The major cause of teenage pregnancy is the lack of guidance due to parents and guardians who are reluctant or do not understand the need to educate their teenagers about the vices and sexual reproductive behaviour. This leaves the teenagers not properly guided during their teenage years of growth, yet this is a crucial time whereby their cognitive, emotional and social skills mature. Through conversations with the towns people I got to find out that the issue of early marriages is contributing to the increase of teenage pregnancies. The main reason leading to early marriages is poverty, and parents in rural areas often marry off their teenage daughters in exchange for dowry and monetary gifts, through this many young girls end up getting defiled and as a result become pregnant. The parents would rather settle for money than reporting cases of rape to the police because they are afraid of losing on the dowry they are receiving from the men marrying their teenage daughters. So, one can say that the major causes of teenage pregnancies are poverty, lack of knowledge and irresponsible parents.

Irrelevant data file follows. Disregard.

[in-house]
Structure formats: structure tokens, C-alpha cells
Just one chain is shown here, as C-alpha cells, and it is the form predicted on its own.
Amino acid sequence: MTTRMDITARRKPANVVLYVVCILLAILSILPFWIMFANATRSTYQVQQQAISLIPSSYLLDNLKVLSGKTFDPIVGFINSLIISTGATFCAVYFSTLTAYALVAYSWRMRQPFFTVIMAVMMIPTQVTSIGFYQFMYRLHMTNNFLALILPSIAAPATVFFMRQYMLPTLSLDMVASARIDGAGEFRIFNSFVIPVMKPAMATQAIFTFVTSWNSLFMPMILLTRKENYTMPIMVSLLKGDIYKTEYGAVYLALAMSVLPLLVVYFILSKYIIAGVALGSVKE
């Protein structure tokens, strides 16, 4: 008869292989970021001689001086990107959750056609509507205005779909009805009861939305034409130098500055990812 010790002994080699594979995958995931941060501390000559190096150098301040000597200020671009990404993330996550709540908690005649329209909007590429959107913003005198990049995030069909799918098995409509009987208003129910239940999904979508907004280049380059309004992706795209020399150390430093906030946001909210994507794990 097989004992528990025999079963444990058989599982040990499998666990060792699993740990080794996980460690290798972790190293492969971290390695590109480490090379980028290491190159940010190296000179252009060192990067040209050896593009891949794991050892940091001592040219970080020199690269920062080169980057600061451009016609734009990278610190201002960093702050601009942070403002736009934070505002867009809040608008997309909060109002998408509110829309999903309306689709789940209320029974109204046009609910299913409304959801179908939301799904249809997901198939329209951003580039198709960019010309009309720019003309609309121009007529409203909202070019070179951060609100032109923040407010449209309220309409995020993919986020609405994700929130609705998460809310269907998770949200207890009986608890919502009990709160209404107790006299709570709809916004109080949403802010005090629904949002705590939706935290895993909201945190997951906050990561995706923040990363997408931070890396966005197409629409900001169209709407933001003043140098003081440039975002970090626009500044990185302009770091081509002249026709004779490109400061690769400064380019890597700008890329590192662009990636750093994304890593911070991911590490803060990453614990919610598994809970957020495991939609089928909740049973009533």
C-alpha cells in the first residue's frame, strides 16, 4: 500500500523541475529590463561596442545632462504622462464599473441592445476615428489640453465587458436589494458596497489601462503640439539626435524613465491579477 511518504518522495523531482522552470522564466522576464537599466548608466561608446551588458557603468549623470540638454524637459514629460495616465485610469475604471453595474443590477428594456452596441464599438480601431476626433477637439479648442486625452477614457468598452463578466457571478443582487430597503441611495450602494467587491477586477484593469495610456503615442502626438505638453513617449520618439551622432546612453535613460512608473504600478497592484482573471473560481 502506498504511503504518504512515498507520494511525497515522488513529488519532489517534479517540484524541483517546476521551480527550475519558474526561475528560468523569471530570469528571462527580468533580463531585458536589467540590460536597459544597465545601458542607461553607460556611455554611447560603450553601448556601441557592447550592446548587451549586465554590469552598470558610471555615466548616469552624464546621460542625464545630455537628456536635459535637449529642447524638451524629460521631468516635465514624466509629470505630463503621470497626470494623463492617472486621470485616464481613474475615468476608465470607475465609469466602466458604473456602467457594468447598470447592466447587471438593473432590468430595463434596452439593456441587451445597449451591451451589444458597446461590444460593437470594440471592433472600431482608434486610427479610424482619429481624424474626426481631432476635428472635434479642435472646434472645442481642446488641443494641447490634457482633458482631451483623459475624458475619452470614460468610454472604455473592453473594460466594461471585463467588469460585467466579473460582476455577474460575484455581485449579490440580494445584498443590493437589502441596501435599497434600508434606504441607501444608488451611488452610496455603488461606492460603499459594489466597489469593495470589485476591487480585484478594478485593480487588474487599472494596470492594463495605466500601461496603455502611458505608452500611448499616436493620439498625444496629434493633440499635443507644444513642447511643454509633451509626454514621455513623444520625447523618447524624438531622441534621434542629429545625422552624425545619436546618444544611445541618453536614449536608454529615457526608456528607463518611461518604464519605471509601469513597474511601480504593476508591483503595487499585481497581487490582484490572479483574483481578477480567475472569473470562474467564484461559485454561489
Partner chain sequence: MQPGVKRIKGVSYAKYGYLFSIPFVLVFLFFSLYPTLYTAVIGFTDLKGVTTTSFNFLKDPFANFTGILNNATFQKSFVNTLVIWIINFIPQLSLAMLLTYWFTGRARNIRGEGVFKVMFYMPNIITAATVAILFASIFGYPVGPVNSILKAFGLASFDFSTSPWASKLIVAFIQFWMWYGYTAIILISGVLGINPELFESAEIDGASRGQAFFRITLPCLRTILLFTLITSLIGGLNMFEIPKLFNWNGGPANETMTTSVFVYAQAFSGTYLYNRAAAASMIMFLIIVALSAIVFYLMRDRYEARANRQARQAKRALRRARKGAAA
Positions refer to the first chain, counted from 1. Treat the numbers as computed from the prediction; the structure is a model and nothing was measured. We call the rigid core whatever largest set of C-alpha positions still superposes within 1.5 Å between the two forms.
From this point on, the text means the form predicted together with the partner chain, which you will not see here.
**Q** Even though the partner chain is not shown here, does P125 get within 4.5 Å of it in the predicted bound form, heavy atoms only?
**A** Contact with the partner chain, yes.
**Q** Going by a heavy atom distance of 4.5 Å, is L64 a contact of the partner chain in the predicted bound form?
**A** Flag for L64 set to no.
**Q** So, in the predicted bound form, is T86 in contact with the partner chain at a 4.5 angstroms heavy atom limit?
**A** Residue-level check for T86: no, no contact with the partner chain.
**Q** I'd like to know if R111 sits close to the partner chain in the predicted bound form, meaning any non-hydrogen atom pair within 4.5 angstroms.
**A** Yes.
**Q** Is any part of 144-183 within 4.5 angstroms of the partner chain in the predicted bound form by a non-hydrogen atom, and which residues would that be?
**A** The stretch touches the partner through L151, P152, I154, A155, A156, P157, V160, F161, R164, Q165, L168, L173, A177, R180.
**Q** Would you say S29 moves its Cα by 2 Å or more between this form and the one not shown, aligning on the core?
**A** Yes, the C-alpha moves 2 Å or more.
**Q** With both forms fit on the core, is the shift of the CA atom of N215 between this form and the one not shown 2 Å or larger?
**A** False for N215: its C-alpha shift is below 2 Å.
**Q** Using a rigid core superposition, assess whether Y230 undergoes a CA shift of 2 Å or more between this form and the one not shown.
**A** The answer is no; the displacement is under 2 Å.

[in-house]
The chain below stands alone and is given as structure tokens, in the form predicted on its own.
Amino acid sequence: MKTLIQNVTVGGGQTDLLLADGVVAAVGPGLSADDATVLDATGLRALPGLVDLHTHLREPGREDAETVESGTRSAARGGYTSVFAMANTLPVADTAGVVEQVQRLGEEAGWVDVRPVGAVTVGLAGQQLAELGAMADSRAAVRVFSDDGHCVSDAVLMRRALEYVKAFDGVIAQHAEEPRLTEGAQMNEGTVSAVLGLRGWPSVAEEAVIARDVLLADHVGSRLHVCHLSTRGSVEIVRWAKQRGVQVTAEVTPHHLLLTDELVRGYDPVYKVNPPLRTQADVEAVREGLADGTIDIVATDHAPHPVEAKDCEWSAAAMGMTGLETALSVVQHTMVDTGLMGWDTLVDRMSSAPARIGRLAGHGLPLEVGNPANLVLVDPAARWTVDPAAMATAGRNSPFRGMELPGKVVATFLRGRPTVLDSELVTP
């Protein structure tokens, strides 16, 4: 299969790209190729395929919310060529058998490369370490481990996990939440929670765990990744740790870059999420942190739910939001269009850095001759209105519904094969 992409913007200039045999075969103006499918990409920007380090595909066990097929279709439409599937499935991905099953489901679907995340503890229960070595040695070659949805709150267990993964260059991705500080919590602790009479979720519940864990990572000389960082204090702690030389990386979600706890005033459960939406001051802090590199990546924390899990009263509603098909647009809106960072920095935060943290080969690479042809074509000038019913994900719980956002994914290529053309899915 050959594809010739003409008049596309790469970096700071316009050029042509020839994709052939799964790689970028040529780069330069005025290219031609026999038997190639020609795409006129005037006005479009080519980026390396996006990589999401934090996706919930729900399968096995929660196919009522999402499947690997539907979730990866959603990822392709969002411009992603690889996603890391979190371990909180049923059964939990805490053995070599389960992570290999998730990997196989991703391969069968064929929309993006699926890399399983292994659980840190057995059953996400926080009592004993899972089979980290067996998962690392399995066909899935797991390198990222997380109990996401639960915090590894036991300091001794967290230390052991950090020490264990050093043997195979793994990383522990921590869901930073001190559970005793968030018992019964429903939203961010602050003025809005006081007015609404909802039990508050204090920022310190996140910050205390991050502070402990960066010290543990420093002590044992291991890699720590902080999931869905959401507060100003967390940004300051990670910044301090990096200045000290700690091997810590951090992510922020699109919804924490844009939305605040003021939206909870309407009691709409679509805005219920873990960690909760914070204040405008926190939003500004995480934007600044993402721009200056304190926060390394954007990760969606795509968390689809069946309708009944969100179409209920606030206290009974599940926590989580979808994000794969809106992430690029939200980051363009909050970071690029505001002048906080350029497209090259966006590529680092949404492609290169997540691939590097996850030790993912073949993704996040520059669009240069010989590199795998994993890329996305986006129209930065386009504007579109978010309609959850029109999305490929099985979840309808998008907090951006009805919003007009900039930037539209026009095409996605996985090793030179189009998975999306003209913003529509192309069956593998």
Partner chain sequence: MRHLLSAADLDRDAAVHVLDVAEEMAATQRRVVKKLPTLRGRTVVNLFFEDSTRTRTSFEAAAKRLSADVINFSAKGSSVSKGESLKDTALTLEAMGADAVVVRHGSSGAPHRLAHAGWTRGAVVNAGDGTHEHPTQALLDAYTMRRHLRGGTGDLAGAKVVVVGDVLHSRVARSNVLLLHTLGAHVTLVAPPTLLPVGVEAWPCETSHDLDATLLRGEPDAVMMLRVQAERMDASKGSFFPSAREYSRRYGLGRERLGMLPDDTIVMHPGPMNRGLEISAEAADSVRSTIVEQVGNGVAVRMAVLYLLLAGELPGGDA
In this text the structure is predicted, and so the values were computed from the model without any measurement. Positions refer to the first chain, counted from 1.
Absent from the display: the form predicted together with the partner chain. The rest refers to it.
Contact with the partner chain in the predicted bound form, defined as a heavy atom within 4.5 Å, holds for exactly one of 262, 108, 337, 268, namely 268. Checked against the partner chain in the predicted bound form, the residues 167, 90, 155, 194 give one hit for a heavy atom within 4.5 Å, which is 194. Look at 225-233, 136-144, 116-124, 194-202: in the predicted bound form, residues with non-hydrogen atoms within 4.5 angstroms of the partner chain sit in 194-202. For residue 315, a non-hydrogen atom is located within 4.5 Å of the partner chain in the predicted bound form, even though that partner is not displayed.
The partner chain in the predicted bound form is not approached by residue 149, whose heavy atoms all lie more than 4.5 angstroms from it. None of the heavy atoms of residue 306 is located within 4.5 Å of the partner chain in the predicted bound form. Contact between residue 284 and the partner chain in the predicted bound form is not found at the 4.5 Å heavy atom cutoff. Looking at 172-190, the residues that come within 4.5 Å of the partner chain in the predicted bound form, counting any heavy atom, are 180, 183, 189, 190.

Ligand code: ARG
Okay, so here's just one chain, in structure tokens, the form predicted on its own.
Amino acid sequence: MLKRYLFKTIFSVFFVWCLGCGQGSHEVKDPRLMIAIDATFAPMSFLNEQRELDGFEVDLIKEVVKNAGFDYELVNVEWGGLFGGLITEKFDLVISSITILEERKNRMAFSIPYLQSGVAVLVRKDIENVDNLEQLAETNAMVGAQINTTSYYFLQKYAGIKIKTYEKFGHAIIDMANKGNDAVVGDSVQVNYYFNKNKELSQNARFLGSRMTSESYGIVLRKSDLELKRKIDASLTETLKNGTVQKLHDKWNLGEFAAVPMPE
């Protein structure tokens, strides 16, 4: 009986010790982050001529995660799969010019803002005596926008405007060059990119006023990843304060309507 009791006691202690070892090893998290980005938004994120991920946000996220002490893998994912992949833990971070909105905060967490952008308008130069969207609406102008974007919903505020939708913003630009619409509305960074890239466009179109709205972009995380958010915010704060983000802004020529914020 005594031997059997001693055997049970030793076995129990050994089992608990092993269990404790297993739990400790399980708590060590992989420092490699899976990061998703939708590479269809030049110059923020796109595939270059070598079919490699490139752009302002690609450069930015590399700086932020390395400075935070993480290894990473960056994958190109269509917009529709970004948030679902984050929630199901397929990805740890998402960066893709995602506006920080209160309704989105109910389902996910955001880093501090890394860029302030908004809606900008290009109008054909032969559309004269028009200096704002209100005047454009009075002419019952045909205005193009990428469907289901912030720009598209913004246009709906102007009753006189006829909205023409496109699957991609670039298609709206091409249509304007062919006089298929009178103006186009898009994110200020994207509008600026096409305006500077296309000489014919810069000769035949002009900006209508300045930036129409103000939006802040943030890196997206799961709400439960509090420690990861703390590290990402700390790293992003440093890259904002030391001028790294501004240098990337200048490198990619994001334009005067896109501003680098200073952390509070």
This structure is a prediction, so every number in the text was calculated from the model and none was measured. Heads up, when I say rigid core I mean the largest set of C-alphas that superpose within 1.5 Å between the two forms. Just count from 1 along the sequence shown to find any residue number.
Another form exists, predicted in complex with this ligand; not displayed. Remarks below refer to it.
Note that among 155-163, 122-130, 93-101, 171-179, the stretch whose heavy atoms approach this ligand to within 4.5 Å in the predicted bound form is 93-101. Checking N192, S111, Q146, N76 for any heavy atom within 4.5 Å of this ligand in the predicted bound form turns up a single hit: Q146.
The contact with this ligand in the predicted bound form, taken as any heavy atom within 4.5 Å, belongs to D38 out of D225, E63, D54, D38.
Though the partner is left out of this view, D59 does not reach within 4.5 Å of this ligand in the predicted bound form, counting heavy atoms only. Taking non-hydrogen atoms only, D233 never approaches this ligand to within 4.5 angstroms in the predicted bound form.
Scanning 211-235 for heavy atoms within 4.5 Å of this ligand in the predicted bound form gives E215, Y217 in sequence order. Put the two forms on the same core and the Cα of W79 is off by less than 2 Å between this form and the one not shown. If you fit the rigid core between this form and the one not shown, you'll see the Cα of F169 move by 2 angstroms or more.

Many articles and reports have been written about this issue and the consequences that follow. According to Dr. Sophie Namasopo in an article published in the Ugandan news outlet Daily Monitor, more than 80 teen mothers deliver at her hospital of residence monthly and that these deliveries often come with complications like premature and still births, prolonged labour and fistula among others, adding that this is caused mainly because these girls’ bodies are not prepared to have children yet. Teenage pregnancies come with many other consequences than those named above such as sexually transmitted diseases, family planning challenges and unsafe abortions.